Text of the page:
From Henry Lee
Richmond Jany 29 1792
My dear sir
I received last night your letter of the 21st. On reference to the post office the subscribers to Frenaus gazette found their respective papers generally.
I have read with attention your remarks to my observations on the first clause in the reply of your house to the presidential speech & while I acknowledge the commercial advantages enjoyed by the states since the adoption of the present Govt. and confess my discovery of various qualifications in the reply which my mind had attributed to your pen, yet I am not convinced of the inapplicability of my observations as they respect yourself. It seems to me that a mal administration never can be corrected by palliatives: open positive opposition alone can effect a change in measures. For the commercial advantages we are indebted to the constitution alone, which forbids partial regulations; our former distresses in that line resulted from this source, & our present good flows from its opposite. But we pay highly for this boon by an impost on importation. Then I conceive it is fair to assert that the people of the U. States have as yet tasted only the promised felicity and that too very scantily.
I admire the constitution, I reverence the principles on which it is founded & love affectionately the objects which it contemplated. All that grieves me is, the perverseness of its administration. The effects heretofore produced are spurious, but have been so successful as to render in my judgement a change of constitution in operation certain altho there will be no change for a long time in names. The longer is procrastinated the attempt of men like yourself to force administration into due obedience to the constitution, the more difficult & doubtful will the work be, and all acknowledgements in favor of the adopted measure form additional obstacles. To this opinion you must attribute the freedom of my letter of the 9h. inst.1
The latter part of your letter affects my mind very sensibly, as indeed you will presume. There are very few to whom I could say a word on this subject, but there is no question you can propound to me which will not receive a frank & full answer.
Was I called upon by the president to command the next campaign, my respect for him would induce me to disregard every triffling obstruction which might oppose my acceptance of the office; such as my own repose the care of my three children & the happiness I enjoy in attention to their welfard [sic], and in the execution of the dutys of my present station.
As a citizen I hold myself bound to obey the will of my country in taking any part her interests may demand from me.
Therefore am I upon this occasion under a biass in favor of obedience to any claim which may be made on me.
Yet I profess I should require some essential stipulations; stipulations only to secure a favorable issue to the campaign.
The enemy are formidable, in my judgement the warfare is difficult in the extreme from causes belonging to the war itself.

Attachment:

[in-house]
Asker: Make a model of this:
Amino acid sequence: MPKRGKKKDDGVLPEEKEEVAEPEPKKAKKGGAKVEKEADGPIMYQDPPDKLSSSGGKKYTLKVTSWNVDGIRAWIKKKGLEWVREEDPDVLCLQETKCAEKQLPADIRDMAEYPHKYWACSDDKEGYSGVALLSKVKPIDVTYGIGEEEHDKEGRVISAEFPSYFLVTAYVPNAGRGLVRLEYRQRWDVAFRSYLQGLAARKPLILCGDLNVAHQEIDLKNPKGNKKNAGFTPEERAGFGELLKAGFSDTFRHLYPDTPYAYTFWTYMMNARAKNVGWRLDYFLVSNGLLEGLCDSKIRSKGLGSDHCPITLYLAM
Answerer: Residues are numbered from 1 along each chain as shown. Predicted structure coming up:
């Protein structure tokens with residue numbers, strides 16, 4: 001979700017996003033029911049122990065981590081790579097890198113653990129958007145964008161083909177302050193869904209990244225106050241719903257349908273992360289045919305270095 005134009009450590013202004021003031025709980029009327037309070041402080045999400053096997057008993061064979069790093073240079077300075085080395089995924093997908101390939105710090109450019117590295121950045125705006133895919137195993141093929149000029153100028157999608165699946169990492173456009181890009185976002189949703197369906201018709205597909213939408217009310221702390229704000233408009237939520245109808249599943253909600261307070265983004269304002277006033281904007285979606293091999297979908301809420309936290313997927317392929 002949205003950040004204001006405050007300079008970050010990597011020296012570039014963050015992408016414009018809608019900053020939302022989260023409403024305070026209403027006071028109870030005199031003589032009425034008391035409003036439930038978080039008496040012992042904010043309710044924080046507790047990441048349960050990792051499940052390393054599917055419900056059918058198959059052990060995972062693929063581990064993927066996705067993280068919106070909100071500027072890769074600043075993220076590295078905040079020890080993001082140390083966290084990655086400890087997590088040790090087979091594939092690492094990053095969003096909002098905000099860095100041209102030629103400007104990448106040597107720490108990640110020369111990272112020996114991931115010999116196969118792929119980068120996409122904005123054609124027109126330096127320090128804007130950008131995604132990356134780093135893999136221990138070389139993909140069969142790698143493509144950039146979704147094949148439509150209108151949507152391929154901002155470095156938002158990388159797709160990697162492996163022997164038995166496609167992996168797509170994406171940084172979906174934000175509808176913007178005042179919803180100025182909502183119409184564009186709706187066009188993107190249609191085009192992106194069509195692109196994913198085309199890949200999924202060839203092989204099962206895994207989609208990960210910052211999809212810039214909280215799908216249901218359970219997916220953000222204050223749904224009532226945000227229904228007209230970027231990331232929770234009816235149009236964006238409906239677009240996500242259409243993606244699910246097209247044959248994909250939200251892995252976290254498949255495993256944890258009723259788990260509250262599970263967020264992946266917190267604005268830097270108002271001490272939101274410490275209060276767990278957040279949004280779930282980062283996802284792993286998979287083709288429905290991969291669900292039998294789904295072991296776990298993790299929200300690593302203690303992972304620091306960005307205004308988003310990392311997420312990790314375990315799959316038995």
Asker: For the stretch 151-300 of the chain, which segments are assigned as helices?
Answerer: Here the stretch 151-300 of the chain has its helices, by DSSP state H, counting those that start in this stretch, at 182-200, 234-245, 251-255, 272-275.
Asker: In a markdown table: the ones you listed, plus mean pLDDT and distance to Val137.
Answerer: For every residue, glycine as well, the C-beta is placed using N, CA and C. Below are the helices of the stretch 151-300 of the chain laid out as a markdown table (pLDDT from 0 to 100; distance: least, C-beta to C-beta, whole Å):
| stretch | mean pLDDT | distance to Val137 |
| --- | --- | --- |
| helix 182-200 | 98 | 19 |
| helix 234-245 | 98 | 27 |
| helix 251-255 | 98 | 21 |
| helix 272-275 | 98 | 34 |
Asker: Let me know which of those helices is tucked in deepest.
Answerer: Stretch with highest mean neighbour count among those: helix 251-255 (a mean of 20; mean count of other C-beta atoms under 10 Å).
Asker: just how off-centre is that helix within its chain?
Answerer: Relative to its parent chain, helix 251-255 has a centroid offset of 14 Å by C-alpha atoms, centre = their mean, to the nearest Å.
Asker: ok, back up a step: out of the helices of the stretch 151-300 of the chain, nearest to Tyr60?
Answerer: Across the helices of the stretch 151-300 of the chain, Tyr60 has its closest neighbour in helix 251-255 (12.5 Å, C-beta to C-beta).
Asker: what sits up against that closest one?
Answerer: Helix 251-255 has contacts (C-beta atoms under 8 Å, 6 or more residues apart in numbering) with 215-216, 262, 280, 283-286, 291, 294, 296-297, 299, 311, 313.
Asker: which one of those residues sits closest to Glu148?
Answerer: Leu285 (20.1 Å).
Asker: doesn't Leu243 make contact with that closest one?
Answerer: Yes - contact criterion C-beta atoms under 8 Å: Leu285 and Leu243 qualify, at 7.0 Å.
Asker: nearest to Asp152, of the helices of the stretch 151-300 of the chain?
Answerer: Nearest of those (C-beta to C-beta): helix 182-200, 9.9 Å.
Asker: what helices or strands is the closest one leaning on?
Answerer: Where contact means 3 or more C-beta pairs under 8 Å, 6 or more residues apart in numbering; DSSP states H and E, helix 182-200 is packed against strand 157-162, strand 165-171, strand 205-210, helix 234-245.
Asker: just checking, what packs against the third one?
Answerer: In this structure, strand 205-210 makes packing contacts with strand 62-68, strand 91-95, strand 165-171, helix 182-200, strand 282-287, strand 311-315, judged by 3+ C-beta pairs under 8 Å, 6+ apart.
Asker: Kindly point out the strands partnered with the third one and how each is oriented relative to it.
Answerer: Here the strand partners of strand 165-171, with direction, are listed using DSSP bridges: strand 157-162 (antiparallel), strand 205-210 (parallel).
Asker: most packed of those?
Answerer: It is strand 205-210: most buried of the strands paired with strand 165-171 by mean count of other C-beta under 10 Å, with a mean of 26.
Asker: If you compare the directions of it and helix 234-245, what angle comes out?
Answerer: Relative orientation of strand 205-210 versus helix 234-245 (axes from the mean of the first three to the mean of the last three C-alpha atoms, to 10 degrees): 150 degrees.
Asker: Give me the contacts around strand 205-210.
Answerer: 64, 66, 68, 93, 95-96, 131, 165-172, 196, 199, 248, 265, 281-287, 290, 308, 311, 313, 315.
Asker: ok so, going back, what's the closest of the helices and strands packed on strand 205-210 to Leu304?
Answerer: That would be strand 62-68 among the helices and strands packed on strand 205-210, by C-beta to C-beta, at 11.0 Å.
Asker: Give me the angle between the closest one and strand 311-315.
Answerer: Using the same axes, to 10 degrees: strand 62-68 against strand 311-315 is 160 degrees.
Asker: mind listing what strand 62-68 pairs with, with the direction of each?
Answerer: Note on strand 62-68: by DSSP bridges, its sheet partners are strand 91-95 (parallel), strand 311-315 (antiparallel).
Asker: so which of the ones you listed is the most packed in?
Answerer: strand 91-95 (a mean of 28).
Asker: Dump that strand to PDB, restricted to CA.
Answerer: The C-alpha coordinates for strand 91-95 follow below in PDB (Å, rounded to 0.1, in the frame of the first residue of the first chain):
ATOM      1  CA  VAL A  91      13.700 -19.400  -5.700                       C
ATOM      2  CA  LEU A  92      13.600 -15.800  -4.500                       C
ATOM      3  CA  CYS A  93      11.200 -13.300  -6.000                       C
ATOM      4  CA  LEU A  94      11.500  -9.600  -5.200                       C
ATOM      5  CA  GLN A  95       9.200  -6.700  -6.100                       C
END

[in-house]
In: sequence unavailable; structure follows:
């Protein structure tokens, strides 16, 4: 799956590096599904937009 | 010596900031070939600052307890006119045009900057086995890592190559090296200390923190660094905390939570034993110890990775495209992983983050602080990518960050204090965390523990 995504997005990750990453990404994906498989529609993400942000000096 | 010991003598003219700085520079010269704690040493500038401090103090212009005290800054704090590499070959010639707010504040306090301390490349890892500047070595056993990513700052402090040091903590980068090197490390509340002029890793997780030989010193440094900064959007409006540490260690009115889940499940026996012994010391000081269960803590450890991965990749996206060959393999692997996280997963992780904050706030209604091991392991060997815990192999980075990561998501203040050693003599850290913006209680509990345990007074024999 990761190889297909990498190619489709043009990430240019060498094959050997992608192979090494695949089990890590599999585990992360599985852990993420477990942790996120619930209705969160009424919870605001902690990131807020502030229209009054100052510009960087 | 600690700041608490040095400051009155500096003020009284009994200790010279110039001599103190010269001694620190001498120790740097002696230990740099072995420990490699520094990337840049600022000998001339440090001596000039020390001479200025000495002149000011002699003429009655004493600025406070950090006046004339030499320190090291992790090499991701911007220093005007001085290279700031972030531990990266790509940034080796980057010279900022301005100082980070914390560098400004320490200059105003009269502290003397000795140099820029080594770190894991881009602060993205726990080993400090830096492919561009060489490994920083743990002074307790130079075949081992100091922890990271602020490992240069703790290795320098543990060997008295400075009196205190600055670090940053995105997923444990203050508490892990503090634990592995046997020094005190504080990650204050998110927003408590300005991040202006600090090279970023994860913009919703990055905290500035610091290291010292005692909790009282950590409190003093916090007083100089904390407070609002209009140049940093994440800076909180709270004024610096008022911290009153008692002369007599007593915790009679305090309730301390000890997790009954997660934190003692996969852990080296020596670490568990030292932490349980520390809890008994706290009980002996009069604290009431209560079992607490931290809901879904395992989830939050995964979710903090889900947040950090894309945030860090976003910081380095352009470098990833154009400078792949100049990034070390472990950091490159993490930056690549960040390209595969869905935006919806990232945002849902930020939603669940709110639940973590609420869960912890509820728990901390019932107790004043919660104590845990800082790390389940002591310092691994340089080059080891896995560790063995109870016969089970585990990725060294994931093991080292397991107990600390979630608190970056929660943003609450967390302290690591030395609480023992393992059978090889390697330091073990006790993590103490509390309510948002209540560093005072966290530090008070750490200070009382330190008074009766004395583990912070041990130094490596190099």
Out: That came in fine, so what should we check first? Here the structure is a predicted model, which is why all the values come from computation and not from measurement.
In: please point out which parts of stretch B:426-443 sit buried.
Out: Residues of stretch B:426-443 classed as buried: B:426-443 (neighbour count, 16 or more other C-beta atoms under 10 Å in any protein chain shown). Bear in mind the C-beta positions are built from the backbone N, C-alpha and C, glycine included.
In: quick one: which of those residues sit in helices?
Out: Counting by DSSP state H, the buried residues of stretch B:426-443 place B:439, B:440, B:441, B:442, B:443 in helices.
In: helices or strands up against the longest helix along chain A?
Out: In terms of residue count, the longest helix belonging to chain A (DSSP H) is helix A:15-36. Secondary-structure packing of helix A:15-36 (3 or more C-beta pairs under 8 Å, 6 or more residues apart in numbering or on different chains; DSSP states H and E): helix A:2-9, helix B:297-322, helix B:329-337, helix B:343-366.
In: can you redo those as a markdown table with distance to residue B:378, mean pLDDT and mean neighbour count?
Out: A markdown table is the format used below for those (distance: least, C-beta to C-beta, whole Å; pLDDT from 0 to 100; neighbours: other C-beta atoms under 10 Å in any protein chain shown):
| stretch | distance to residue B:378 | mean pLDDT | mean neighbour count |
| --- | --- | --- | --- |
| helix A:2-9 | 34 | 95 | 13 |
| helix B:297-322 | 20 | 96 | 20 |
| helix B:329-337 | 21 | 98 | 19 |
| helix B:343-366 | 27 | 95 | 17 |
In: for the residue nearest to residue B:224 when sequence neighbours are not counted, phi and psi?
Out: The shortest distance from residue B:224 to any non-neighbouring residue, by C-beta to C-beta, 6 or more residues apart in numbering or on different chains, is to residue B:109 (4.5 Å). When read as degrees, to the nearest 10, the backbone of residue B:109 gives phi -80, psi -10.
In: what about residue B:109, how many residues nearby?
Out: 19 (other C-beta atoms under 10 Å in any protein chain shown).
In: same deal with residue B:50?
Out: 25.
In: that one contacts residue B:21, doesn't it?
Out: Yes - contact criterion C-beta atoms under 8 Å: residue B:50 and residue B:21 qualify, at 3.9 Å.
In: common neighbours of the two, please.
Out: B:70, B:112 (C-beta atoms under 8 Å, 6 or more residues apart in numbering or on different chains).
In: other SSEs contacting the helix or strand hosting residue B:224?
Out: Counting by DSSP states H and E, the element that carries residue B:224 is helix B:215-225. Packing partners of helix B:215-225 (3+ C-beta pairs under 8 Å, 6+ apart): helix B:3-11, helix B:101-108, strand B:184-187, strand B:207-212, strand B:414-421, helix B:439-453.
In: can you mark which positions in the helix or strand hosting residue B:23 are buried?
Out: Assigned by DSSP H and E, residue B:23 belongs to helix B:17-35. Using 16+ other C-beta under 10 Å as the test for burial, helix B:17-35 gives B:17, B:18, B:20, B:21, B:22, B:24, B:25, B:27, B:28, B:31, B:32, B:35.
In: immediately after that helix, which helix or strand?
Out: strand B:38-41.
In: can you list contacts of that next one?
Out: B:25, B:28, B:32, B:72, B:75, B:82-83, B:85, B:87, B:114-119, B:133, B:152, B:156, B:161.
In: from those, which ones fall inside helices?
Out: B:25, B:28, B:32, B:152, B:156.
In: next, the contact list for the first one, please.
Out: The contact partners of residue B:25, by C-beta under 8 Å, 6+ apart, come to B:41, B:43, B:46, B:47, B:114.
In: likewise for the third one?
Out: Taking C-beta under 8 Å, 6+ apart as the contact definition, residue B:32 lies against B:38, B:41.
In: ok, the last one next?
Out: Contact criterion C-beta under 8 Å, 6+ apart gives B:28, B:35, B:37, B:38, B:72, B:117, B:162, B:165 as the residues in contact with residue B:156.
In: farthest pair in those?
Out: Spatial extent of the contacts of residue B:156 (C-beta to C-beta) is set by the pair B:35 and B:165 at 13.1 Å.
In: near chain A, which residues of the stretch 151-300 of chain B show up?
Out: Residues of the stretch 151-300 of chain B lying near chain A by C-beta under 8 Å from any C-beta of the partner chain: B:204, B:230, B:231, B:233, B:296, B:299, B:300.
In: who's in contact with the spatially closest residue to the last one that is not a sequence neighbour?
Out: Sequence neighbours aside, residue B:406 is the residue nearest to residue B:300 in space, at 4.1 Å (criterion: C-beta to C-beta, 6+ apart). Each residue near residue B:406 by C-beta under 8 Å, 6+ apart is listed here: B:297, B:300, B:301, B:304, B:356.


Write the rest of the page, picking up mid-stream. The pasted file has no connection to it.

Then I should reckon on having to contend against a gallant desperate people who understand the use of their arms perfectly and who are fighting pro aris & focis with a variety of difficultys interwoven in the nature & manner of the war.
Of course I could not engage in a fruitless effort, & I should consider the effort vain, unless the composition of the army was fitted for the war, the officers suitable, & the supplys abundant. A change in the arms & discipline of the troops I should require and as far as I now can judge in the route. These tho are particulars that would no doubt be granted if on full consideration my suggestions merit approbation.
One objection I should only have (the above conditions being acceded to) and that is the abandoning my native country to whose goodness I am so much indebted—no circumstance on earth could induce me to act a part however gratifying to me, which could be construed into disregard or forgetfulness of this C Wealth.
Nor can I think that a change of the sort now spoken of could justify any imputiations of ingratitude or impropriety. If you find me seriously thought on in this new character, I hope to receive your sentiments on this last point, and should be obliged to you for your farther information, that I might in my domestic affairs prepare for a change which if it comes, will come suddenly.2
The campaign must open in July at farthest, or our prospects of success will be gloomy. Your aff friend
RC (DLC); Tr (Vi). RC docketed by JM. Dated 23 Jan. 1792 in the Index to the James Madison Papers. Late in life JM wrote on the outer cover: “Evidence of General H. Lee’s disaffection to the policy & measures of the Federal Government during several of the early years of Washington’s Administration, and of his partiality for Freneau’s National Gazette.” For the background of JM’s comment, see Lee to JM, 8 Dec. 1791, n. 1.
2. Although Lee was not listed among the general officers in Washington’s holographic “Opinion of the General Officers” used at the 9 Mar. 1792 cabinet meeting where the appointment of General St. Clair’s successor was discussed, his name was mentioned. From Washington’s memorandum it appears that Lee’s chief liability was his junior rank, “as all of those [listed] are greatly his Seniors, and there being, in my opinion but little ground to hope, that either the Military talents which he has displayed in the course of the War, or his present dignified Station, would reconcile any of them to act a Subordinate part” (Fitzpatrick, Writings of Washington description begins John C. Fitzpatrick, ed., The Writings of George Washington, from the Original Manuscript Sources, 1745–1799 (39 vols.; Washington, 1931–44). description ends , XXXI, 509–15). The appointment at length went to Gen. Anthony Wayne.